Let's ketchup on some alarming tomato news
Any way you slice it, a key crop is threatened by climate change.
(A native of England, Matthew Diebel is a veteran journalist who has worked at NBC News, Time, USA Today and News Corp., among other organizations. Having spent his childhood next to one of the world's fastest bodies of water, he is particularly interested in tidal energy.)
You see them piled in the supermarket. There are cherry tomatoes. Beefsteak tomatoes. Heirloom tomatoes. And more.
But the variety you are most likely to have eaten has a moniker that’s relatively unknown. It’s called the processing tomato, a thick-skinned fruit that is easily transported and used for the production of ketchup, juice, sauce, puree and other packaged tomato products.
And now, due to climate change, it’s under threat, according to a study by an international team in the journal Nature, who predict that production in the main producing countries — the United States, Italy and China, representing 65% of global output — will decrease 6% by 2050 compared with the baseline period of 1980–2009. Additionally, water restrictions and drought are factors that will likely lead to Italy and California being unable to uphold their current processing tomato production numbers.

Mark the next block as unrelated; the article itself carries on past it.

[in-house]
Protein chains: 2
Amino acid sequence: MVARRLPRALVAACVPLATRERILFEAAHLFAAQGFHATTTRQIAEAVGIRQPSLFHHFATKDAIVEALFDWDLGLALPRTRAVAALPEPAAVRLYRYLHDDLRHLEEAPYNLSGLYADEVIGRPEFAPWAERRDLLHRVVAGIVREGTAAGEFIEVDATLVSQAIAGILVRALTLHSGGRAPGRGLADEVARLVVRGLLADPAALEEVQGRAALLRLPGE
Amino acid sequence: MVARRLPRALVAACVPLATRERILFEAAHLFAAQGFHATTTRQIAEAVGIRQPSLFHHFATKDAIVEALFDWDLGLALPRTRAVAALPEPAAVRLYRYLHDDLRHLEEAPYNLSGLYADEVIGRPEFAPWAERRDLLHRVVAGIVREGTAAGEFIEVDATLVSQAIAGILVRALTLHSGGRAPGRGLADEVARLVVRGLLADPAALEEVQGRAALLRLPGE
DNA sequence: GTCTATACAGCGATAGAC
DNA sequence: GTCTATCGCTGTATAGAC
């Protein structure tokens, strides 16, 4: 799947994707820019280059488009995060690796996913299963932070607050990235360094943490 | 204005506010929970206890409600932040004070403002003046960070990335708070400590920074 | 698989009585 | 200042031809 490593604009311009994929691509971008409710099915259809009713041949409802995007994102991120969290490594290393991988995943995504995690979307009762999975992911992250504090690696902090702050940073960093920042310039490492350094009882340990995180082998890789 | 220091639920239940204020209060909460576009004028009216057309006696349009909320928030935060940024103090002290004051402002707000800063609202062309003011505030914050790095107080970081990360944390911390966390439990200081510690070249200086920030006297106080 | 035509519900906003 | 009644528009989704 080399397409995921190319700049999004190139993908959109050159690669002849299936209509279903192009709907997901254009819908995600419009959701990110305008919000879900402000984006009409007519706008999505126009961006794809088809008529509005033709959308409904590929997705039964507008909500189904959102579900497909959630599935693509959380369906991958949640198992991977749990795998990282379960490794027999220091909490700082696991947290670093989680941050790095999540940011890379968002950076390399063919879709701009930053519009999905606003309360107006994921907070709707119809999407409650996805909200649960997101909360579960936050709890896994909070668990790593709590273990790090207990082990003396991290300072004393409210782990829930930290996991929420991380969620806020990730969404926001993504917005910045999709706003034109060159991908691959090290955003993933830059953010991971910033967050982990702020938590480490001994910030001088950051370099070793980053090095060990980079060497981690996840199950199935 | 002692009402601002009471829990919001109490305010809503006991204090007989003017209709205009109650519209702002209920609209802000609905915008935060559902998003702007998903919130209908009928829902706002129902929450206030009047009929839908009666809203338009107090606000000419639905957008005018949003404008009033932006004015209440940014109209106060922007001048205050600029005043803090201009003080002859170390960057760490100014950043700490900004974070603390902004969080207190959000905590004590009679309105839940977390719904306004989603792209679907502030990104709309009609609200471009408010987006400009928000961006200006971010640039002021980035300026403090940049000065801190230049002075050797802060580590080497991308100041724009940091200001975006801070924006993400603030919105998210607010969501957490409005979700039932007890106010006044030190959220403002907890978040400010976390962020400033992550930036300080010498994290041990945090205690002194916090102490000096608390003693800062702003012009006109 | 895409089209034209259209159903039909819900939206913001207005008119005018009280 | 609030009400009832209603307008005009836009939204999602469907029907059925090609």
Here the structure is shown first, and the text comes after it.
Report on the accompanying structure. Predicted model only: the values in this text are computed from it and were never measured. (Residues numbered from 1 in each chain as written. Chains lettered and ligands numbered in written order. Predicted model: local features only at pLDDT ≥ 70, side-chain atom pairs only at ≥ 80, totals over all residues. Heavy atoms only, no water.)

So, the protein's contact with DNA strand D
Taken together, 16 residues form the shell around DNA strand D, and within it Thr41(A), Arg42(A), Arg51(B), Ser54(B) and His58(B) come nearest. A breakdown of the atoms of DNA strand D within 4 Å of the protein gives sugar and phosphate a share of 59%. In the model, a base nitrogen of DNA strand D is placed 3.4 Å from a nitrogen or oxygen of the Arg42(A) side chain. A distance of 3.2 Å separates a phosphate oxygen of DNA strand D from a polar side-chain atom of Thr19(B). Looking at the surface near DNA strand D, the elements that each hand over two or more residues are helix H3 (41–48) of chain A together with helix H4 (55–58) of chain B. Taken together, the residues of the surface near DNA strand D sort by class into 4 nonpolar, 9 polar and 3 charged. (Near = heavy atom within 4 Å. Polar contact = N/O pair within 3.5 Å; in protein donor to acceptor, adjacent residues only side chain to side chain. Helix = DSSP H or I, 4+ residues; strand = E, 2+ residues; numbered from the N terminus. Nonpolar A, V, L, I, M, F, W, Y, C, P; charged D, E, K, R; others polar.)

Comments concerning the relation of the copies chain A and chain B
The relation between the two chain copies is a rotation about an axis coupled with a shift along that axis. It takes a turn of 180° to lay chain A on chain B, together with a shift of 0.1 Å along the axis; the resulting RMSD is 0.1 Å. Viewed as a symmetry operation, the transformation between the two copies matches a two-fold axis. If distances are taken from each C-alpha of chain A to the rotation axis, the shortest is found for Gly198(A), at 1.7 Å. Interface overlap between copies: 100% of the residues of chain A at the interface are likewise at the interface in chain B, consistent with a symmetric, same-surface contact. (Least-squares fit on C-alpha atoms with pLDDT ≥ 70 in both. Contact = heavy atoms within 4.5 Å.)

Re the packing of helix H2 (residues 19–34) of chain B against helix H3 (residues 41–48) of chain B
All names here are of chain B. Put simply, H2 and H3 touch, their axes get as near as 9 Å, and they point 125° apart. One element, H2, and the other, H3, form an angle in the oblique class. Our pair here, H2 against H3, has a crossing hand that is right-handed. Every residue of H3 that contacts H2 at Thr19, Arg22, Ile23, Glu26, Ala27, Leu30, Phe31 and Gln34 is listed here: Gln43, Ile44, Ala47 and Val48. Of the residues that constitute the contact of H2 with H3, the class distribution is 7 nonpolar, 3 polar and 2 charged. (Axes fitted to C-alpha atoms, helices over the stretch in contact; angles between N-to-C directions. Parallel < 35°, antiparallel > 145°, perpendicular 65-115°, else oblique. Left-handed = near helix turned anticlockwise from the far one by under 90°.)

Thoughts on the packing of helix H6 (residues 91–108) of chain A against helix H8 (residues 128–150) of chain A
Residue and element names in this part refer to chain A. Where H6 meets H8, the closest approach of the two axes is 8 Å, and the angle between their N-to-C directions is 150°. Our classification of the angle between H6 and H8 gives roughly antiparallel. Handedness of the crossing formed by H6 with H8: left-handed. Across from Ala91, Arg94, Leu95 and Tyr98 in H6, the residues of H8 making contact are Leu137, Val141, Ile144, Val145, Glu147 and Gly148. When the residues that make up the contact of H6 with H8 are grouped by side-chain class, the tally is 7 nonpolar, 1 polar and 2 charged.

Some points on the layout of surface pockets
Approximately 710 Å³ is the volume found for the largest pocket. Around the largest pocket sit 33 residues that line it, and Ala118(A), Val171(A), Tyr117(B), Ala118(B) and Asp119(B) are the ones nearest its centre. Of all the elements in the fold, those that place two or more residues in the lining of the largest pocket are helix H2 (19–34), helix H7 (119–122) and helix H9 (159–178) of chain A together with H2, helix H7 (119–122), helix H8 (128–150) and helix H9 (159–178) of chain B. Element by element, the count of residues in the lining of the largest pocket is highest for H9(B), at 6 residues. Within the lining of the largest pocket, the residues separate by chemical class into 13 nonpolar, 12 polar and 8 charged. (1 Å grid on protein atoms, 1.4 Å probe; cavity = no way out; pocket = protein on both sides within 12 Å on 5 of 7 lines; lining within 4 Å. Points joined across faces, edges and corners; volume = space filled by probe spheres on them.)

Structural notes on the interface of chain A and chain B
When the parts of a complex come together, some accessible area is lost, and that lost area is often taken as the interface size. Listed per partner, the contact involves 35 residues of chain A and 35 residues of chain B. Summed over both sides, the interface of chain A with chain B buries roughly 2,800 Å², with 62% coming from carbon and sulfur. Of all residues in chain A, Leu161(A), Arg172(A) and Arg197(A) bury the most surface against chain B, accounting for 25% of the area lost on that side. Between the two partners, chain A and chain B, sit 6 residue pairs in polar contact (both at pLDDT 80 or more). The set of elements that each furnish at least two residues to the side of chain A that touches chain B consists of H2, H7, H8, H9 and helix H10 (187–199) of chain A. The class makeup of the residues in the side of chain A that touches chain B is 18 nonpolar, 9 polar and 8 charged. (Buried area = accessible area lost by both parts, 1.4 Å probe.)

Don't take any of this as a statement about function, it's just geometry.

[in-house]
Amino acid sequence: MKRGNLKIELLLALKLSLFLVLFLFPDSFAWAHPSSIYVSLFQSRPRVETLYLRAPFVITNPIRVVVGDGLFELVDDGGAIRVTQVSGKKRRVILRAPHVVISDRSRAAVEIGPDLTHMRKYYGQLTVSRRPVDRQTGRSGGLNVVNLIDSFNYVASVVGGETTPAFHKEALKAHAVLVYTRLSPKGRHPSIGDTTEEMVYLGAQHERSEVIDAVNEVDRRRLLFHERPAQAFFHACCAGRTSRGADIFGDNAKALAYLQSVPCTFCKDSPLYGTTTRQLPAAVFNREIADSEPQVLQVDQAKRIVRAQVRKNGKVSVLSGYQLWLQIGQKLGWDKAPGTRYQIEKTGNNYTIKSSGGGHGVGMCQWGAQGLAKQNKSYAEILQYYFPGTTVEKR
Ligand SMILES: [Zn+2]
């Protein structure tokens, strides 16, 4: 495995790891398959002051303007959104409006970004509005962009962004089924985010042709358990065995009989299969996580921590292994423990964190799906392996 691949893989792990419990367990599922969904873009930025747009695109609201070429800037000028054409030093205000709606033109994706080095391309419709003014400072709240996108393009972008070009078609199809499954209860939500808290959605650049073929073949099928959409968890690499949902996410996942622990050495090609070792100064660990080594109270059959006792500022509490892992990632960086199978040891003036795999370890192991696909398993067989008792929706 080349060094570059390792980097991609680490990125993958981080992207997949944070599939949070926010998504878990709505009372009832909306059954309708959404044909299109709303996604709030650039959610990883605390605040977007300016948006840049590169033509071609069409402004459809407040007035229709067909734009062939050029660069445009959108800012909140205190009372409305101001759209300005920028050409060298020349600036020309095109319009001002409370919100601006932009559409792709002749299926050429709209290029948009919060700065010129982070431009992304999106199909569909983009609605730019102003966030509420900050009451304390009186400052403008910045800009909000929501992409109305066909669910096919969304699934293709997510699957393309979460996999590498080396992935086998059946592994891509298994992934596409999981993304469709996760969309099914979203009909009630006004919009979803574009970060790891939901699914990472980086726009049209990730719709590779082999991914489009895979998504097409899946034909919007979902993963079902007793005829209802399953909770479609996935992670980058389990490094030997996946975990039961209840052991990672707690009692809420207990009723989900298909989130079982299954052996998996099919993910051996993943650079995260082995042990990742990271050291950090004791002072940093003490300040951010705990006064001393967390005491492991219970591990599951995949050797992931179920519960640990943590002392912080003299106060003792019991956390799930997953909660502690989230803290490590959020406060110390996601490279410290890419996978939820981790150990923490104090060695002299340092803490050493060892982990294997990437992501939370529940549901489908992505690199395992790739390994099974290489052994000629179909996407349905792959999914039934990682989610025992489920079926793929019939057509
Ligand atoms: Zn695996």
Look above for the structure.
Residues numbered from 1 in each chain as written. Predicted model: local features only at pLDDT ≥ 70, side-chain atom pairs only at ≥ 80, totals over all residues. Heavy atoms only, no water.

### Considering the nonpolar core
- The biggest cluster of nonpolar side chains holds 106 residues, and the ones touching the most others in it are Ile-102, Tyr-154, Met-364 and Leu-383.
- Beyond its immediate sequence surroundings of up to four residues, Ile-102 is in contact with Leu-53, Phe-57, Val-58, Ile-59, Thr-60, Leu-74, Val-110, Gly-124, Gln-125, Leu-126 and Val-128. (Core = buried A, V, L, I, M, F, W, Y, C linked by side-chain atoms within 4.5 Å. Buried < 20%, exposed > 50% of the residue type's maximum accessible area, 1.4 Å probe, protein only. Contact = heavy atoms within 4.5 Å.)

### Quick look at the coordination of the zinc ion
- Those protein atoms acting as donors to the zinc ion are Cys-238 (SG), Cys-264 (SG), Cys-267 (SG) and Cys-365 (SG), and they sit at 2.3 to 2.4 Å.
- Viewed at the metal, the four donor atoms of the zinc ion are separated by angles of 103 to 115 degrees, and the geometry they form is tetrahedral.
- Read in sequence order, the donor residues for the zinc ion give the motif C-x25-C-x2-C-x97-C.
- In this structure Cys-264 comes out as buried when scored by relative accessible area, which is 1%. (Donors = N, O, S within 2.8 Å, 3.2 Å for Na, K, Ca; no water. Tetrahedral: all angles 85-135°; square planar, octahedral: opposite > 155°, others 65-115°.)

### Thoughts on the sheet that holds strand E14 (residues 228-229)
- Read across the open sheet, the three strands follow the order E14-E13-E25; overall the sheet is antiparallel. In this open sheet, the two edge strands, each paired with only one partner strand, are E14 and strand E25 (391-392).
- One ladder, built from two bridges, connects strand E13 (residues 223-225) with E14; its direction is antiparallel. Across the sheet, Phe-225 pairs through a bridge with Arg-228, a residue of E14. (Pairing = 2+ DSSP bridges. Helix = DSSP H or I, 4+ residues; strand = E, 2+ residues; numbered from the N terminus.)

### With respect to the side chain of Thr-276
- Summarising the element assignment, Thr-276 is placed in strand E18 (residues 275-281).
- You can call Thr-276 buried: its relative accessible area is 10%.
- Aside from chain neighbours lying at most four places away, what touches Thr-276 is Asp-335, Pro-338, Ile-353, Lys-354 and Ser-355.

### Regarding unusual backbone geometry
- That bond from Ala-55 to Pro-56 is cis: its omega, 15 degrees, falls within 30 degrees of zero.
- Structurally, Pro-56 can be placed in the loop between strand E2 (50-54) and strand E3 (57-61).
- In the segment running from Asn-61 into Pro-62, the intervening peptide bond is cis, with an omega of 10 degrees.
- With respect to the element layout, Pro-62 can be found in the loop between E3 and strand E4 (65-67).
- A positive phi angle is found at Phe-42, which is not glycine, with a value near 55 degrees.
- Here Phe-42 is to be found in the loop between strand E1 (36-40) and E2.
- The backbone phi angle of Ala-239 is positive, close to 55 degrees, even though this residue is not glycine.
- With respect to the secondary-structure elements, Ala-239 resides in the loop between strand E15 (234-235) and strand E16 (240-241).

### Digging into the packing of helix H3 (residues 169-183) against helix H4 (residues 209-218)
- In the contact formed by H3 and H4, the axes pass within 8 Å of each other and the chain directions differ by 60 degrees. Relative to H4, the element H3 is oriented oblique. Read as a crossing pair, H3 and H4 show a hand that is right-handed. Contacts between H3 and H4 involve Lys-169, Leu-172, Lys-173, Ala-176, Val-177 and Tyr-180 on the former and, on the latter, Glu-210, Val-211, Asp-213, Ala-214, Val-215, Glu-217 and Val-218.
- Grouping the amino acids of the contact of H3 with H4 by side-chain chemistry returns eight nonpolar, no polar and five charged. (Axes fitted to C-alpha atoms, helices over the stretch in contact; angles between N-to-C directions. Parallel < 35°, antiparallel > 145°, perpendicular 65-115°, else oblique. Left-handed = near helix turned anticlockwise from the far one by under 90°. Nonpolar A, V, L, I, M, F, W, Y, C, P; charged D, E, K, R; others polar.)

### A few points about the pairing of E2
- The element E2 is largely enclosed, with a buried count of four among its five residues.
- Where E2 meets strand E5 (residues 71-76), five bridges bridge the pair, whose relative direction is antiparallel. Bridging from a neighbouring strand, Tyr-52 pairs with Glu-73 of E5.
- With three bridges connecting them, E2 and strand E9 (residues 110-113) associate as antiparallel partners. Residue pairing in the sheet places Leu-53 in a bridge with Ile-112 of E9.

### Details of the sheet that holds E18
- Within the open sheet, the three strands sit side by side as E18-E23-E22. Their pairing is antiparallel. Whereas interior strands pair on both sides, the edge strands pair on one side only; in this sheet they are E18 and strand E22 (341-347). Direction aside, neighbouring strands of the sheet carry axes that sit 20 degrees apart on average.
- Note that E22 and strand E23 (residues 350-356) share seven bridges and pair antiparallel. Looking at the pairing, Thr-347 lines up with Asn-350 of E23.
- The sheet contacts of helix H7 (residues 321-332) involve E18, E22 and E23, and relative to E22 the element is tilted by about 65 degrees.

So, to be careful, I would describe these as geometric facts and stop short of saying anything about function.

More alarmingly, when the mathematical model at the heart of the study is expanded, it predicts that the processing tomato yield could be cut in half between 2050 and 2100.
The decline in California appears to be already under way. As reported by National Geographic, last year’s yield was expected to be about 12 million tons when farmers planted the crops, but as the season went on, expectations lowered to 11.6 million tons and the final yield fell short of that as well, landing at 10.7 million tons.
As to the future, the researchers predict production will move north.
Get ready for the red stuff, Oregon.